- Fill stitches, also known as tatami stitches. These run stitches are used to fill up large areas of an embroidery design and they can be even or created in a way to form a wide variety of patterns.
- Satin stitches (Steil stitches) which are zig zag stitches placed close together. They’re commonly used for lettering, outlines, and some details in a design.
- Running stitches, they are the same kind we are familiar with on the sewing side of the machine. Bobbin work embroidery designs are made up of long straight "running stitches that have no tie off.
- Bean Stitch, AKA a triple straight stitch. This is just a straight stitch but sewn three times on top of itself, producing a thicker, more prominent stitch. Redwork designs might be made up of a bean stitch or a regular running stitch stitched one or more times. Note: Redwork can be any color and is often referred to as redwork because designs mimic the old fashioned iron-on transfer designs that were stitched by hand in red embroidery floss.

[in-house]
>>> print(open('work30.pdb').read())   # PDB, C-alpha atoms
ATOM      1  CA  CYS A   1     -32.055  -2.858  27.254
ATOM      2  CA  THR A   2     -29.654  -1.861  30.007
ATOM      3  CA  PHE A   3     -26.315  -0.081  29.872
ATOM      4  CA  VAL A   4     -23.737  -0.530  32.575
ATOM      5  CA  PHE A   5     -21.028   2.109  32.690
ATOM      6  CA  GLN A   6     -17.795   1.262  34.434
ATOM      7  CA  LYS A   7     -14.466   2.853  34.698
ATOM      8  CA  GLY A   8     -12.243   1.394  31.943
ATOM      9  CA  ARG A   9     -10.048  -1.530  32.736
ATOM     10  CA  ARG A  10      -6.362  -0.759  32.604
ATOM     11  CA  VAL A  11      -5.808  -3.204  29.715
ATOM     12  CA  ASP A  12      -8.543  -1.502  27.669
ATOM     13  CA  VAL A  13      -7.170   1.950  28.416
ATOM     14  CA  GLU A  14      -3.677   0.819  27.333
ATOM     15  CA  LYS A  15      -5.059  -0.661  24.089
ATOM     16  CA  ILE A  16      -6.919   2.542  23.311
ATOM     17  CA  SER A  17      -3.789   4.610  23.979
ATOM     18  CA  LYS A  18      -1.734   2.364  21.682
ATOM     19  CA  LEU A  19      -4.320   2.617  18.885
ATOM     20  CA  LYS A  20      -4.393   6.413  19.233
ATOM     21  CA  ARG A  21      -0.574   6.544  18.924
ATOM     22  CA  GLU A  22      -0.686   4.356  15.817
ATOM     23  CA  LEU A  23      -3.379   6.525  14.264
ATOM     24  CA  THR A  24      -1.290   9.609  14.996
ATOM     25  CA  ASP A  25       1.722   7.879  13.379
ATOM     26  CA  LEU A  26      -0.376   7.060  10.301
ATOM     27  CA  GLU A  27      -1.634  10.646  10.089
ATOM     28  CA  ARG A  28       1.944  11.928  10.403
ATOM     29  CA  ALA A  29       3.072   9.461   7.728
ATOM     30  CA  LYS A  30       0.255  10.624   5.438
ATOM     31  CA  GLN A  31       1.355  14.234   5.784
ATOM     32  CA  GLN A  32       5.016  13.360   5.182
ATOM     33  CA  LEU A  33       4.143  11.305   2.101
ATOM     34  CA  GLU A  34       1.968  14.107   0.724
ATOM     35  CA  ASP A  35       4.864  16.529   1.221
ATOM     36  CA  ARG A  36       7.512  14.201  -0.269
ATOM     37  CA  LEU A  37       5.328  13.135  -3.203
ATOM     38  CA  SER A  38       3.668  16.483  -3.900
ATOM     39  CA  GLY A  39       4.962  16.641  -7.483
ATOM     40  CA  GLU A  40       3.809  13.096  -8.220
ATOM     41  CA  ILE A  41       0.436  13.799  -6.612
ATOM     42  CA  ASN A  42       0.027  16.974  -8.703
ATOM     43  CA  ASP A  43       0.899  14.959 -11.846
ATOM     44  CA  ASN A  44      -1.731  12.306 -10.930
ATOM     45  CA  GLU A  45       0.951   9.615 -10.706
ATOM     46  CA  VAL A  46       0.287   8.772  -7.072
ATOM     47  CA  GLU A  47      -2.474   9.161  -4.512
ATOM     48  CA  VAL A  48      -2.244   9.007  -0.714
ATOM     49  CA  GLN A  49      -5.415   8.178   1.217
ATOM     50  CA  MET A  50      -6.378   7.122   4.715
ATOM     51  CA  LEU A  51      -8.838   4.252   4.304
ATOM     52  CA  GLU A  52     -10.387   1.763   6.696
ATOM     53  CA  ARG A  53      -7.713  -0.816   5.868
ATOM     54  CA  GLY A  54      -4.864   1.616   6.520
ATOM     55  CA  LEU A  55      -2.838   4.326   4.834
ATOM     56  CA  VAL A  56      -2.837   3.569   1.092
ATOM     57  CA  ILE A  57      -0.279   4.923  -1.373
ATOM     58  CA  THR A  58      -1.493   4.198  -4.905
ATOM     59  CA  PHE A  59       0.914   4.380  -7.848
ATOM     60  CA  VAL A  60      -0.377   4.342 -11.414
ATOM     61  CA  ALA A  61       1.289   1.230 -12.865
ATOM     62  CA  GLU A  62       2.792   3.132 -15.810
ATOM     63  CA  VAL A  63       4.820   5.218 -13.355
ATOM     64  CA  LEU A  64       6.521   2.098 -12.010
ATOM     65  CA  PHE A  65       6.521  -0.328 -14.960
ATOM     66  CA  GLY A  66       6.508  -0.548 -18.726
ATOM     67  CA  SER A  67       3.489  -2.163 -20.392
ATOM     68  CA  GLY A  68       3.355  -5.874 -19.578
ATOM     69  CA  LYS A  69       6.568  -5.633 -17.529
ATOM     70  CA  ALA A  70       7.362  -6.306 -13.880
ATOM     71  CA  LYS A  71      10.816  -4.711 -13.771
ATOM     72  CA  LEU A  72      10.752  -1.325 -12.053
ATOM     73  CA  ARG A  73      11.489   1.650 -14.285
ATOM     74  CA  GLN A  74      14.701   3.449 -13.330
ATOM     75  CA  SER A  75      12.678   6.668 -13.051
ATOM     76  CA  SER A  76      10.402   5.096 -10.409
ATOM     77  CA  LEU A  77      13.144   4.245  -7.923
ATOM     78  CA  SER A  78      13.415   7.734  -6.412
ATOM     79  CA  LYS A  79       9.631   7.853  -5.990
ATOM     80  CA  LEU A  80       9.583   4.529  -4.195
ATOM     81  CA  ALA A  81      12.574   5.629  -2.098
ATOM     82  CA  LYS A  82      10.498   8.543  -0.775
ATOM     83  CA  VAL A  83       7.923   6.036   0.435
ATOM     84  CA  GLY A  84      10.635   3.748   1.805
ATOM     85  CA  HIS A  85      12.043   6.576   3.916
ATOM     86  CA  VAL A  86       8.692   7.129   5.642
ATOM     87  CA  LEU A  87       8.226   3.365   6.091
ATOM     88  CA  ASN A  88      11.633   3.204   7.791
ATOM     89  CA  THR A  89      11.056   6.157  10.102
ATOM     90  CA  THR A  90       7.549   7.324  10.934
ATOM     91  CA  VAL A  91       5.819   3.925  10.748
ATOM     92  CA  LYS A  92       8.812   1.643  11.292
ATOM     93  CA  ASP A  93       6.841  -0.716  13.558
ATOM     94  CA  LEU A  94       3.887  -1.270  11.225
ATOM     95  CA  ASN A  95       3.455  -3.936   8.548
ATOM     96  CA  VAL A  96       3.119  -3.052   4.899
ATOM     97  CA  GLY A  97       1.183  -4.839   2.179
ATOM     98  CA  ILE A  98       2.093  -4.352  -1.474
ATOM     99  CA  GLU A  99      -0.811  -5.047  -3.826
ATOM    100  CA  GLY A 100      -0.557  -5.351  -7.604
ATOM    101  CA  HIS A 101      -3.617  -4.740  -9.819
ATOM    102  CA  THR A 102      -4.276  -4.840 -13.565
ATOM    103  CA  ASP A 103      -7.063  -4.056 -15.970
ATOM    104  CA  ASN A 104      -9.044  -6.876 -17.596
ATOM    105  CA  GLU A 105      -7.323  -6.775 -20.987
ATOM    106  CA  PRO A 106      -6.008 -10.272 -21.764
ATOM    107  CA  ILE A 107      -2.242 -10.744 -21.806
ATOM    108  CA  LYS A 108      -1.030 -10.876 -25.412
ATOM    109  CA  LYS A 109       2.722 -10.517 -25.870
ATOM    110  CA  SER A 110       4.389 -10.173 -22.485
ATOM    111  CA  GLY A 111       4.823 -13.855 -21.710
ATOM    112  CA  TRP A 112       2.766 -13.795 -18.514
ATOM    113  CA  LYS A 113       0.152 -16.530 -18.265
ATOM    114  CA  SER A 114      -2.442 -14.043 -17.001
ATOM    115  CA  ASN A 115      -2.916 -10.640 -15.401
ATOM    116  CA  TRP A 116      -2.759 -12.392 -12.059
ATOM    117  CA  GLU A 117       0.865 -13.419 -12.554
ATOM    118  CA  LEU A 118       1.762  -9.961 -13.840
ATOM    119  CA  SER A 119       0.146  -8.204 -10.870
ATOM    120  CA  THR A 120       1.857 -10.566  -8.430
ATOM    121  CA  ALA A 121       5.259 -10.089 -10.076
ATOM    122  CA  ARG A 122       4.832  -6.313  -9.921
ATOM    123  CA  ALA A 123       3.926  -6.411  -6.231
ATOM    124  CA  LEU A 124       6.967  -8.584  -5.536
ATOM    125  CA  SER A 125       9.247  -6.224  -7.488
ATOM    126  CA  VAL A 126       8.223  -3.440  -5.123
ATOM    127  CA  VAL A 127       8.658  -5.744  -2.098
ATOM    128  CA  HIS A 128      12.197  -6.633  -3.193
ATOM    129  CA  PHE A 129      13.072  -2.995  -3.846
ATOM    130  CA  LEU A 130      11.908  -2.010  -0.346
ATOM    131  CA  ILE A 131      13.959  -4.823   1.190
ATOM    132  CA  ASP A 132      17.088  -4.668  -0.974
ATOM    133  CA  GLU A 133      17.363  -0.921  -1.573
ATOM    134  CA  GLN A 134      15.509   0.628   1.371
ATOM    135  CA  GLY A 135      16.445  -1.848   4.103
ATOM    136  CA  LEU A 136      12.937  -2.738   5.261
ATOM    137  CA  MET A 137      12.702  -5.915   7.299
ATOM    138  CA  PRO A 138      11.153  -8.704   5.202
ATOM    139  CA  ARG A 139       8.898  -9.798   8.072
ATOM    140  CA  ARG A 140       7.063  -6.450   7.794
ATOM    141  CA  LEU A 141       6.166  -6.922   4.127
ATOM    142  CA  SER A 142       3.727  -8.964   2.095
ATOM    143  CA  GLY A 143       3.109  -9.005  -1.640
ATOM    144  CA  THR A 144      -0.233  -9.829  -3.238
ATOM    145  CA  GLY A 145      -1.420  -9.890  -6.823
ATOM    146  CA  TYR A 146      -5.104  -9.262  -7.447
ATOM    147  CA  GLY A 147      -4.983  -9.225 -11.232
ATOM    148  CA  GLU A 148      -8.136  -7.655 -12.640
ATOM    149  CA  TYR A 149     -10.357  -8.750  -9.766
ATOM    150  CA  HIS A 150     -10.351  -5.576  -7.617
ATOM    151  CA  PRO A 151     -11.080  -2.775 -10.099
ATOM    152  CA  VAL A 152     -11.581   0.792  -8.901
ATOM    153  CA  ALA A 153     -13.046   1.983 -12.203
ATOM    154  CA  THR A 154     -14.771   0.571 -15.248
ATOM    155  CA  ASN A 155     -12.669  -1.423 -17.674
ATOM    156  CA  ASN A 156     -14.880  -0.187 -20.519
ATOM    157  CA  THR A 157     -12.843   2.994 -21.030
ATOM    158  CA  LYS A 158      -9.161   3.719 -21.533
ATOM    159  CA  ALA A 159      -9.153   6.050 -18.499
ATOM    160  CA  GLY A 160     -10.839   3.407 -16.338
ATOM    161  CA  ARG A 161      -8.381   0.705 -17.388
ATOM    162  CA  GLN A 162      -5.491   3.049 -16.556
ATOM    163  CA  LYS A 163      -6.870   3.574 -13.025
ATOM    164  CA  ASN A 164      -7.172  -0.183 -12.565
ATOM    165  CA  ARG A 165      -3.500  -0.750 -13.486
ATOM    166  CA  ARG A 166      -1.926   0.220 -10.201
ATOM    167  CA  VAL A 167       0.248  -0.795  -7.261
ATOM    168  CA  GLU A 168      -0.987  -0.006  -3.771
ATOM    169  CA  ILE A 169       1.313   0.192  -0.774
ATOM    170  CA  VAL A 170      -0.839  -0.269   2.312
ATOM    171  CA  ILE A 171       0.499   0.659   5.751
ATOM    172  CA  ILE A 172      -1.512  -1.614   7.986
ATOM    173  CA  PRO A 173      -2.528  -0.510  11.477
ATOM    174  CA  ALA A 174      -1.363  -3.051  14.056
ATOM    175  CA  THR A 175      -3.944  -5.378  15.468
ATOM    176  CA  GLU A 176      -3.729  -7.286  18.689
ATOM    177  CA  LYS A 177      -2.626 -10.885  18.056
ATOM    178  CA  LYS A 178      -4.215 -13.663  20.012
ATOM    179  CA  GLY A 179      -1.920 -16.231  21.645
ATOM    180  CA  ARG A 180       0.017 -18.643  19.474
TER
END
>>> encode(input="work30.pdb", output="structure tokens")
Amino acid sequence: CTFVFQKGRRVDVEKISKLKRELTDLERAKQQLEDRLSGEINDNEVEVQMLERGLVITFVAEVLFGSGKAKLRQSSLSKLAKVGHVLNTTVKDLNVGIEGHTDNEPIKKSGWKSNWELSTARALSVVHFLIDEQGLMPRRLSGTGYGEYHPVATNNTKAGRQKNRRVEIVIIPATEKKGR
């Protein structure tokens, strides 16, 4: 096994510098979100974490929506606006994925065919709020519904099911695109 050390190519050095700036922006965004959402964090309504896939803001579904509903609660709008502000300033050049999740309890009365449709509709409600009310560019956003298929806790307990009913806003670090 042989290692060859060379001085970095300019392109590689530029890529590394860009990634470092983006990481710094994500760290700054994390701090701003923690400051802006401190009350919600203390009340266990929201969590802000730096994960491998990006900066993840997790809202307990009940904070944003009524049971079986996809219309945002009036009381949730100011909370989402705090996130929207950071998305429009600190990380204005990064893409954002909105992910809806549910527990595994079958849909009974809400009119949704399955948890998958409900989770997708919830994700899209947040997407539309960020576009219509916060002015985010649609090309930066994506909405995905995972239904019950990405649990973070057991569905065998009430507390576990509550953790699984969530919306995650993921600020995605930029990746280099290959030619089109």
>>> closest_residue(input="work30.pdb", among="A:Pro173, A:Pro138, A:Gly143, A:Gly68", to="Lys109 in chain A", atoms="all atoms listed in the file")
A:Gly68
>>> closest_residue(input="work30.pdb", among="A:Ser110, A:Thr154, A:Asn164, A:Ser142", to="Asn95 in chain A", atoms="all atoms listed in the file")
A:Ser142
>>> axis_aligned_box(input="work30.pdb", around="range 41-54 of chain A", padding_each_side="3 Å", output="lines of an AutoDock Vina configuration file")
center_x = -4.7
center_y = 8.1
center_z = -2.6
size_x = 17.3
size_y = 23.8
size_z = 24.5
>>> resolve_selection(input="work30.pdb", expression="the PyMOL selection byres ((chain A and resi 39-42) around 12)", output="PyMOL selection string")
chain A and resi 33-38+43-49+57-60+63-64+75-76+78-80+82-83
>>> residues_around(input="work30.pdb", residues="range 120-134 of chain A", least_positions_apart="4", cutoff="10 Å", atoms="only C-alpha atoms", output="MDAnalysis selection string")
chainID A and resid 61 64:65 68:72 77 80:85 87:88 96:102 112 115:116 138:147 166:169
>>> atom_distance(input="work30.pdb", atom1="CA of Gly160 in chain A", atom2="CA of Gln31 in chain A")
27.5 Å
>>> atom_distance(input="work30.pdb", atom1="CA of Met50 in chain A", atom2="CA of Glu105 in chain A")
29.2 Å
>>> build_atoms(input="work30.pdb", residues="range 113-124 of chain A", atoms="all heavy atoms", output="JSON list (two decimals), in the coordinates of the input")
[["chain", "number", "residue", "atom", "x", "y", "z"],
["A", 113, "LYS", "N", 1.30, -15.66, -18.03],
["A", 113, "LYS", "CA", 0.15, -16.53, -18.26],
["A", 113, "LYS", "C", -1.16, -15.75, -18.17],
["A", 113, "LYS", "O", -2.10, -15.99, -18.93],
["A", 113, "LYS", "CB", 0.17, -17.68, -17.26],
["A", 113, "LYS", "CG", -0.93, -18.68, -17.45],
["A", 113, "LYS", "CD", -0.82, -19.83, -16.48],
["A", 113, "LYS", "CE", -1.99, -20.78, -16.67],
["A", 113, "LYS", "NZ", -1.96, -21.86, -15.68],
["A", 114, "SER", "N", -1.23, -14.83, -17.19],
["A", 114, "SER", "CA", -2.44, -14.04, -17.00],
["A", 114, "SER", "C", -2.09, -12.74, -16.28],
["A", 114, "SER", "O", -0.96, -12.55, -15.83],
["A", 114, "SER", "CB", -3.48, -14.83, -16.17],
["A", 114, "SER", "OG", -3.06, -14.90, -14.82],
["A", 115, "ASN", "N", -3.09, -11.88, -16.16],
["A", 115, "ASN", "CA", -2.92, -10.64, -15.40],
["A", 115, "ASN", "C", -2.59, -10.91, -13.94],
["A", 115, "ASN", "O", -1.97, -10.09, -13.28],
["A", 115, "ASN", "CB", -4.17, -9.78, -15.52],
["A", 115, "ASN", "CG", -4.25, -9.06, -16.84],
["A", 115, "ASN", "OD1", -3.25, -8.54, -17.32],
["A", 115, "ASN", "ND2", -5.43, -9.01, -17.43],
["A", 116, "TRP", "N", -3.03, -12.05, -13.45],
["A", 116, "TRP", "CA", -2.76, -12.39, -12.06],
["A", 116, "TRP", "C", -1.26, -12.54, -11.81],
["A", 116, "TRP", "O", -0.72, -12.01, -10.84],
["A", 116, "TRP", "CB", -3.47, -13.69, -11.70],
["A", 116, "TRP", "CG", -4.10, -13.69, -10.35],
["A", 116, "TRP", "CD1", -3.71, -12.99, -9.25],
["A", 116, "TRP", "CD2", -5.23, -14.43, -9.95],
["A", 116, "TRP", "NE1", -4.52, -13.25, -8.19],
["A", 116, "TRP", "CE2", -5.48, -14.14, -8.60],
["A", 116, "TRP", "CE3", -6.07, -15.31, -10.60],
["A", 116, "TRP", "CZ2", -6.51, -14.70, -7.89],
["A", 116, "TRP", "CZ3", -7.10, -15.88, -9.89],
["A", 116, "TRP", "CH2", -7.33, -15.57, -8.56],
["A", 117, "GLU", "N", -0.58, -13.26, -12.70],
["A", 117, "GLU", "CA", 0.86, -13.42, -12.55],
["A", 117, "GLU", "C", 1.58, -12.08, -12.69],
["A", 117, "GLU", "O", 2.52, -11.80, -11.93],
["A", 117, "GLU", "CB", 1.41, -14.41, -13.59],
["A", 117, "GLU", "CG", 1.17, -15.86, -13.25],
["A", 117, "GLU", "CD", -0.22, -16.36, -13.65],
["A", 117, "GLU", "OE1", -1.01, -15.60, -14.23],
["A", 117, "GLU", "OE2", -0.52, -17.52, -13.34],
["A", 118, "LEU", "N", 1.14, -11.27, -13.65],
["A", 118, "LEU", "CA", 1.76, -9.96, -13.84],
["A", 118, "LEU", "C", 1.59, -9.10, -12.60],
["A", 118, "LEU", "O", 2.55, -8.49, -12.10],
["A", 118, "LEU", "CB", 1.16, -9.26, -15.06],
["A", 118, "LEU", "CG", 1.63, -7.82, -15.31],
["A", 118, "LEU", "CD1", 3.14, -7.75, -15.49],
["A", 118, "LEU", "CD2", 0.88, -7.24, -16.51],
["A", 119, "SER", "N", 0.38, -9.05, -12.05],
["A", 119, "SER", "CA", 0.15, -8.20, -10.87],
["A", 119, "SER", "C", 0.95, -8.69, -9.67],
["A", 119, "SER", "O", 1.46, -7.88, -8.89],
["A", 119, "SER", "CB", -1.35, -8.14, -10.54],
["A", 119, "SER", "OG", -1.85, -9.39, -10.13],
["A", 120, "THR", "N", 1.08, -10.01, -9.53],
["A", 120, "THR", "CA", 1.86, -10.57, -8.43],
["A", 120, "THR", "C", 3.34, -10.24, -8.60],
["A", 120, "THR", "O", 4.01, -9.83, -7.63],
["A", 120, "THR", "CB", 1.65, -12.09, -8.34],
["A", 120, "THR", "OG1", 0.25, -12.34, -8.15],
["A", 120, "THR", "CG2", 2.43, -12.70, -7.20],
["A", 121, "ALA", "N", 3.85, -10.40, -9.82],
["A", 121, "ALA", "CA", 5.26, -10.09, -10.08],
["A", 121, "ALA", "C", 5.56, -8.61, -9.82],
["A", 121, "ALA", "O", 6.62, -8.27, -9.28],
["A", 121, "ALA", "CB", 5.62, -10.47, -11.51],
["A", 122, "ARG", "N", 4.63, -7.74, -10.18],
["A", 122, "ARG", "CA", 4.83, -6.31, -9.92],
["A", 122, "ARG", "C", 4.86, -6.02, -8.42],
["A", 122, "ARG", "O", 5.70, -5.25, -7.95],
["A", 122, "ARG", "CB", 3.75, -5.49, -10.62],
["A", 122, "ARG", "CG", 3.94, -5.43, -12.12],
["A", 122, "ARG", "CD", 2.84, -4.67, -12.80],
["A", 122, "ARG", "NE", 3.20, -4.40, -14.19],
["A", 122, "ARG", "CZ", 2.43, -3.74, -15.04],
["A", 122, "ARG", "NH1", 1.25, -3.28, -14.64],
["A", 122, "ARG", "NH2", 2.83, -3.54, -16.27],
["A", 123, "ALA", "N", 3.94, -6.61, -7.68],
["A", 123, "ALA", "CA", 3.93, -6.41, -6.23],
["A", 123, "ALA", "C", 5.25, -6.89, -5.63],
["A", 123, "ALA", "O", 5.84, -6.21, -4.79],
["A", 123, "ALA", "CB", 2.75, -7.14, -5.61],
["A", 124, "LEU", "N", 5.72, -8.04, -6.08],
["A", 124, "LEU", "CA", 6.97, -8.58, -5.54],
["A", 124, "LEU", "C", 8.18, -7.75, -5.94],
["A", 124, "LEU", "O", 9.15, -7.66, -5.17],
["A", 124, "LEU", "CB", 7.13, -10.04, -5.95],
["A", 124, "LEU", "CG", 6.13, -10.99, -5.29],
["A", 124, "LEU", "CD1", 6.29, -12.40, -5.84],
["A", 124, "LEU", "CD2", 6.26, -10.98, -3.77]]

Learn more about Bobbin Work HERE in this video and HERE in this free tip sheet.
Learn more about Redwork in this blog post HERE.
If you read my blog post on redwork you’ll see me mention one of my favorite fabrics, Osnaburg cloth. An economical fabric, it looks a little like muslin, but it is thicker, more loosely woven and has characteristic brown flecks. 100 percent cotton it has a homespun look that is great for curtains, crafts, and anything where you want and more natural or old-fashioned look. I l love using it to make table toppers, napkins, tea towels, & bread bags. It pairs beautifully with natural colored lace such as Cluny lace. As a bonus it's easy to fringe! Always pre-wash as it shrinks a bit.
Here is a link to the table runner project featured in the video: Fringed Osnaburg Table Topper
Question #5 - Patti W. asked about choosing and using serger stitches. Aside from tips in the video, you'll find more serger info in this blog post HERE.
Watch It's Sew Easy TV show 1611 HERE and you'll see me sew a dress/swimsuit coverup with cover hem stitchery!
You'll find a PDF with more instructions HERE.
Watch the video for my plain and simple answer. You can learn more about Wrapped in Embroidery HERE, and the Jean jacket collection HERE.